It has been ten years since Paris last saw the work of this major British artist, a painter and sculptor who, in the early 1970s, caused a sensation with a table, a chair and a hatstand. At 82, Allen Jones, one of the first British Pop artists, still finds his name indelibly attached to a sculpture that influenced not only Stanley Kubrick but generations of fashion photographers, including Steven Klein who, in 2015, immortalized Kylie Jenner for the American magazine Interview in a shoot that was blatantly influenced by an artwork that is now 51 years old. Which is to say five years older than Kate Moss, who at a certain moment was Jones’s muse and model.
After his birth in Southampton, in 1937, Allen Jones’s family moved to Ealing, in west London, in 1940, and it’s there that he spent his childhood. He knew very early on that he wanted to become an artist, and spent four years at the Hornsey College of Art before enrolling, in 1959, at the Royal College of Art (RCA) – at just the same time as the generation that would invent English Pop Art, among them David Hockney and Ron Kitaj. In a period when Abstract Expressionism ruled the roost, the class of 59 had every intention of finding new ways of depicting the human figure – ways that corresponded to the promises of a new world, at a time when postwar austerity was finally coming to an end and sexual liberation was just beginning to take off. Indeed Jones was expelled from the RCA after only a year, to set “an example” – a way of making it clear to his generation that they’d better calm down.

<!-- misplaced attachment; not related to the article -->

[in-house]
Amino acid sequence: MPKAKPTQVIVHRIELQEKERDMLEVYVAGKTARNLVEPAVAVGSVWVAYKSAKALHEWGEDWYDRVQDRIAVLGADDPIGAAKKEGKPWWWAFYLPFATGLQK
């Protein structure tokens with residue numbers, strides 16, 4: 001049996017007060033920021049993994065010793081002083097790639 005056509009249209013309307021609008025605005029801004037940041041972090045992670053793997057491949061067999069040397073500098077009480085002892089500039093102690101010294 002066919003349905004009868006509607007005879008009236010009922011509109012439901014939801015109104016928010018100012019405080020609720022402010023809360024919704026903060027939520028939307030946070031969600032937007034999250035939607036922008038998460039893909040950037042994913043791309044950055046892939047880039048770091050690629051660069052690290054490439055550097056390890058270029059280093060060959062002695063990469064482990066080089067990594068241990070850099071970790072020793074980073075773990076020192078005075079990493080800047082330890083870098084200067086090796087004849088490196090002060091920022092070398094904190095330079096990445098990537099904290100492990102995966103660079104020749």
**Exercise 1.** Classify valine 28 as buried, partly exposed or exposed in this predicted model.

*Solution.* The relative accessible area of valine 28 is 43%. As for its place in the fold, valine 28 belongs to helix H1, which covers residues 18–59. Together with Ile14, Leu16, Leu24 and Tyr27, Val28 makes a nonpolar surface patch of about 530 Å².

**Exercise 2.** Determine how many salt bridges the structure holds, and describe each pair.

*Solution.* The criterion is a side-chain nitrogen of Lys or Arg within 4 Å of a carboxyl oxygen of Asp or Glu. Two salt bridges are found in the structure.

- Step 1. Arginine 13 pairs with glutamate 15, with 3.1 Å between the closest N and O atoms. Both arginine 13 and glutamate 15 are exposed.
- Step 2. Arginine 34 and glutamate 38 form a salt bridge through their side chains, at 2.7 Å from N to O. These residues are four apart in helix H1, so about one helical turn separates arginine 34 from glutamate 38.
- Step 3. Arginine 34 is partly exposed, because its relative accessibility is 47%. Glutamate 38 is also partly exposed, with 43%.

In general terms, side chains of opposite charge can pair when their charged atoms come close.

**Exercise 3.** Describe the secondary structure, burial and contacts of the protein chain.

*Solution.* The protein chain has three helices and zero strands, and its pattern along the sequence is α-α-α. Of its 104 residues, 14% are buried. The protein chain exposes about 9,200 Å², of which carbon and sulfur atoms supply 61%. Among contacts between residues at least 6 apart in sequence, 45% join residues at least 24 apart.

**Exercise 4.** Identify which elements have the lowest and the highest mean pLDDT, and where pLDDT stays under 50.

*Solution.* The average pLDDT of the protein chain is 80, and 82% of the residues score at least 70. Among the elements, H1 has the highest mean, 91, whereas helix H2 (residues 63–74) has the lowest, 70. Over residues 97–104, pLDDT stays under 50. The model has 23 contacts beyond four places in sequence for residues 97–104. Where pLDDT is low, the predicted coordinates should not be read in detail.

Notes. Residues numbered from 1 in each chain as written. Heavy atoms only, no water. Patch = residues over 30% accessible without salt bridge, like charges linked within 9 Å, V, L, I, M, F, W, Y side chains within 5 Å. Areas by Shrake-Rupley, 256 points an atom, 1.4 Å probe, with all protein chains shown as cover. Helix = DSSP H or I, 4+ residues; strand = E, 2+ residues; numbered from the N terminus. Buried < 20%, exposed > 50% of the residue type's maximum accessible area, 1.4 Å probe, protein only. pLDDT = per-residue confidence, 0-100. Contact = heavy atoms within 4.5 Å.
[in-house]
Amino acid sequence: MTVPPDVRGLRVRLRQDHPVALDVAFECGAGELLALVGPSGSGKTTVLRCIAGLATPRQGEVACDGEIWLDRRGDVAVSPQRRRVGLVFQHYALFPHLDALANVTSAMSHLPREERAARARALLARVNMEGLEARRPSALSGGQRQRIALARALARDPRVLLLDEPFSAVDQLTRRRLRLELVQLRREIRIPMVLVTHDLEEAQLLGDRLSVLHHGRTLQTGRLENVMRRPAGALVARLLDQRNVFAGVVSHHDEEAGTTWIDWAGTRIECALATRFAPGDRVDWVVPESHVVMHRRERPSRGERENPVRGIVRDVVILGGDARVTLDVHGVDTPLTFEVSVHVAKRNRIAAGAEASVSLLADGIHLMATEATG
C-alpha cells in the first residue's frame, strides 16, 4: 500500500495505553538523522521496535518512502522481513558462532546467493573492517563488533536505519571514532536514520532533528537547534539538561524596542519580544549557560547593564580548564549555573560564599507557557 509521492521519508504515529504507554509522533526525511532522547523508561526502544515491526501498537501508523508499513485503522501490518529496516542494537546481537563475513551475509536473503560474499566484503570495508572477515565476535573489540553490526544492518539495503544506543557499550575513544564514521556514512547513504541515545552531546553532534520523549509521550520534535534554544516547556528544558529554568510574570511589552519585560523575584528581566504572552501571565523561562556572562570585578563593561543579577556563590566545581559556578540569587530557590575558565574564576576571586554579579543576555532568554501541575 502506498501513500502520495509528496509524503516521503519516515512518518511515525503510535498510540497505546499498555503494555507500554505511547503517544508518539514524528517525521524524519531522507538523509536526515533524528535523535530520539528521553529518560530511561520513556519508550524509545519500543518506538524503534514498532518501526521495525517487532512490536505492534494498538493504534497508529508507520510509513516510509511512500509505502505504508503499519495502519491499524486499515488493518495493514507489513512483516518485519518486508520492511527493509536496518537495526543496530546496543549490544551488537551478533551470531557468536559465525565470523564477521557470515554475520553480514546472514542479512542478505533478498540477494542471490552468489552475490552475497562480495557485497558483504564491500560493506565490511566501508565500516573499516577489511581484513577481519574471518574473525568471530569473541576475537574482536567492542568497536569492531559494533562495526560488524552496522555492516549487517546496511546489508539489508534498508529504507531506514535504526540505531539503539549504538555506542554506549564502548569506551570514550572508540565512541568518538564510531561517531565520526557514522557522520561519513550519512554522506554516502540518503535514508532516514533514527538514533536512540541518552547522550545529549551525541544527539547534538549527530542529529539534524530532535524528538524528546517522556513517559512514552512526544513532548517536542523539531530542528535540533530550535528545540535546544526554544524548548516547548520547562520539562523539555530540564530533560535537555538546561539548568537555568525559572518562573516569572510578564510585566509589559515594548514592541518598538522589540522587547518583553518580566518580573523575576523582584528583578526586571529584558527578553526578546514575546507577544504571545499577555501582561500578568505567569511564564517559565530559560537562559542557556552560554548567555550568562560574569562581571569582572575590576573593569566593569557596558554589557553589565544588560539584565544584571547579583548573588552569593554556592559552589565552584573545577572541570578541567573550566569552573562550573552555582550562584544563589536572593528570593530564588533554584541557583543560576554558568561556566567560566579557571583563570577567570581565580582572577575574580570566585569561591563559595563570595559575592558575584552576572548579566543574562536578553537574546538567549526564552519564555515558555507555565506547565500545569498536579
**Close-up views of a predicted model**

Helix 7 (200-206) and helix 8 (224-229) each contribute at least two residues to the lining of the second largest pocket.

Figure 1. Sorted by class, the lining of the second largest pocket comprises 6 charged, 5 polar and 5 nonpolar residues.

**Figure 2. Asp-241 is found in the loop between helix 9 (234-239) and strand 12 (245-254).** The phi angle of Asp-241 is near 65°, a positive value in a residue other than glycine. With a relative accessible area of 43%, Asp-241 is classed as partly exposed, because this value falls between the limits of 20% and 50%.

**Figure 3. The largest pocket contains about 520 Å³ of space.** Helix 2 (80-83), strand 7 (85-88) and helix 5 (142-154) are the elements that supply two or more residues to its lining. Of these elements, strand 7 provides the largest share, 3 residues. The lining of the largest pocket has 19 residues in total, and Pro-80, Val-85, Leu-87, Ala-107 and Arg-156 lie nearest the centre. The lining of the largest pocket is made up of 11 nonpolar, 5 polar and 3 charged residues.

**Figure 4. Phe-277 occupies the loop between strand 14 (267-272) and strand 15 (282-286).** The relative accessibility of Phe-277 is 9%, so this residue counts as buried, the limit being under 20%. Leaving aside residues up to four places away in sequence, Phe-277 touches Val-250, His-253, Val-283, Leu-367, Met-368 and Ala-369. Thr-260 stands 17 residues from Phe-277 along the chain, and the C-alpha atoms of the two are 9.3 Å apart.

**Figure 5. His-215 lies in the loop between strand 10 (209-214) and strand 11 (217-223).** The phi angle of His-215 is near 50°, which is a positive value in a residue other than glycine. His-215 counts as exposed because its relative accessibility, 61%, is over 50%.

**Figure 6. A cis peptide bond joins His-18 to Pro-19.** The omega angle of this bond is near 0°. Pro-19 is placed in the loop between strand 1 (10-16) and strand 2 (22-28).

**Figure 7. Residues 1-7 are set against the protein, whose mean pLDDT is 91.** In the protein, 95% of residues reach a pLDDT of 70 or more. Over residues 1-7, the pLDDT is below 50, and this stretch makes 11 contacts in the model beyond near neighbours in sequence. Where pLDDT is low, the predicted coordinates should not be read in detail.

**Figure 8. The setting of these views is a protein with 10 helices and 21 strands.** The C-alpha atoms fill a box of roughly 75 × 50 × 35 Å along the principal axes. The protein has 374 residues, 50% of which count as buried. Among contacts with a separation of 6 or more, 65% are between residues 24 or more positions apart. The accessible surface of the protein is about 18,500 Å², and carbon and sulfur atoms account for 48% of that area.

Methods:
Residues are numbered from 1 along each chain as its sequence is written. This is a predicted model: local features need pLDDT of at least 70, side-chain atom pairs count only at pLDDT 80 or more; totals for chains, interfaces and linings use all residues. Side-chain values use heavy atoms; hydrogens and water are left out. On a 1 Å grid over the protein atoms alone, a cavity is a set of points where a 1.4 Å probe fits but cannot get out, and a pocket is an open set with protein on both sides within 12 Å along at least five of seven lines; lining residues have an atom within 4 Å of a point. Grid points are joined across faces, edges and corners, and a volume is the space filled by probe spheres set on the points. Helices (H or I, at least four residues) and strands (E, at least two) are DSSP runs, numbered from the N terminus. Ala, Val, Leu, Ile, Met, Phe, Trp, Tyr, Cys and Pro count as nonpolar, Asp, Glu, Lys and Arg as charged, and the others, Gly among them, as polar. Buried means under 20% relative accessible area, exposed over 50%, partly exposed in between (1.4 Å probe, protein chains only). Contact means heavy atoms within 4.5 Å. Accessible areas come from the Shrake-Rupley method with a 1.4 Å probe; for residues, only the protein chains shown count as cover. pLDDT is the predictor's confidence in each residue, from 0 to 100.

Nevertheless, the following year he was invited to take part in Young Contemporaries, an annual student exhibition put on by the Royal Society of British Artists, which on this occasion only showed work from the RCA: it would go down in the annals as the first exhibition of English Pop Art. And Pop is indeed the perfect label for Jones’s paintings of the time, which depicted London buses in bright colours and featured cut-out forms that attempted to combine the flatness of the canvas with the depth of the scene represented. In addition to buses, he was already painting rather more erotic subjects, with a preference for female legs perched on very high heels, such as the 1966 First Step, which simply shows a pair of legs whose feet are jammed into ridiculously tall stilettos, making Mel Ramos pin-ups look like the most sanctimonious of prudes. Indeed trips to the States over the course of the 60s – Jones stayed at the Chelsea Hotel – had familiarized him with American post-war erotica in general and fetish magazines in particular. “Fetishism and the transgressive world produced images that I liked because they were dangerous,” he says. “They were about personal obsessions. They stood outside the accepted canons of artistic expression and they suggested new ways of depicting the figure that weren’t dressed up for public consumption.” At the end of the decade he had an intuition: “I’m trying to make these figures so real that maybe what I should try to do is make it real,” leading him to try his hand at sculpture. The result was Hatstand, Table and Chair, made in 1969 and first shown in 1970, an ensemble of three slightly-larger-than-life female figures dressed in SM gear, whose poses suggest a hatstand, a table and a chair. First modelled in clay by the sculptor Dick Beech, they were then translated into glass-fibre and painted and dressed by Jones in corsets, leather boots and wigs. Shown for the first time at Cologne’s Zwirner gallery, they were immediately bought by the collector Peter Ludwig, and can now be found at the Ludwig Forum in Aachen.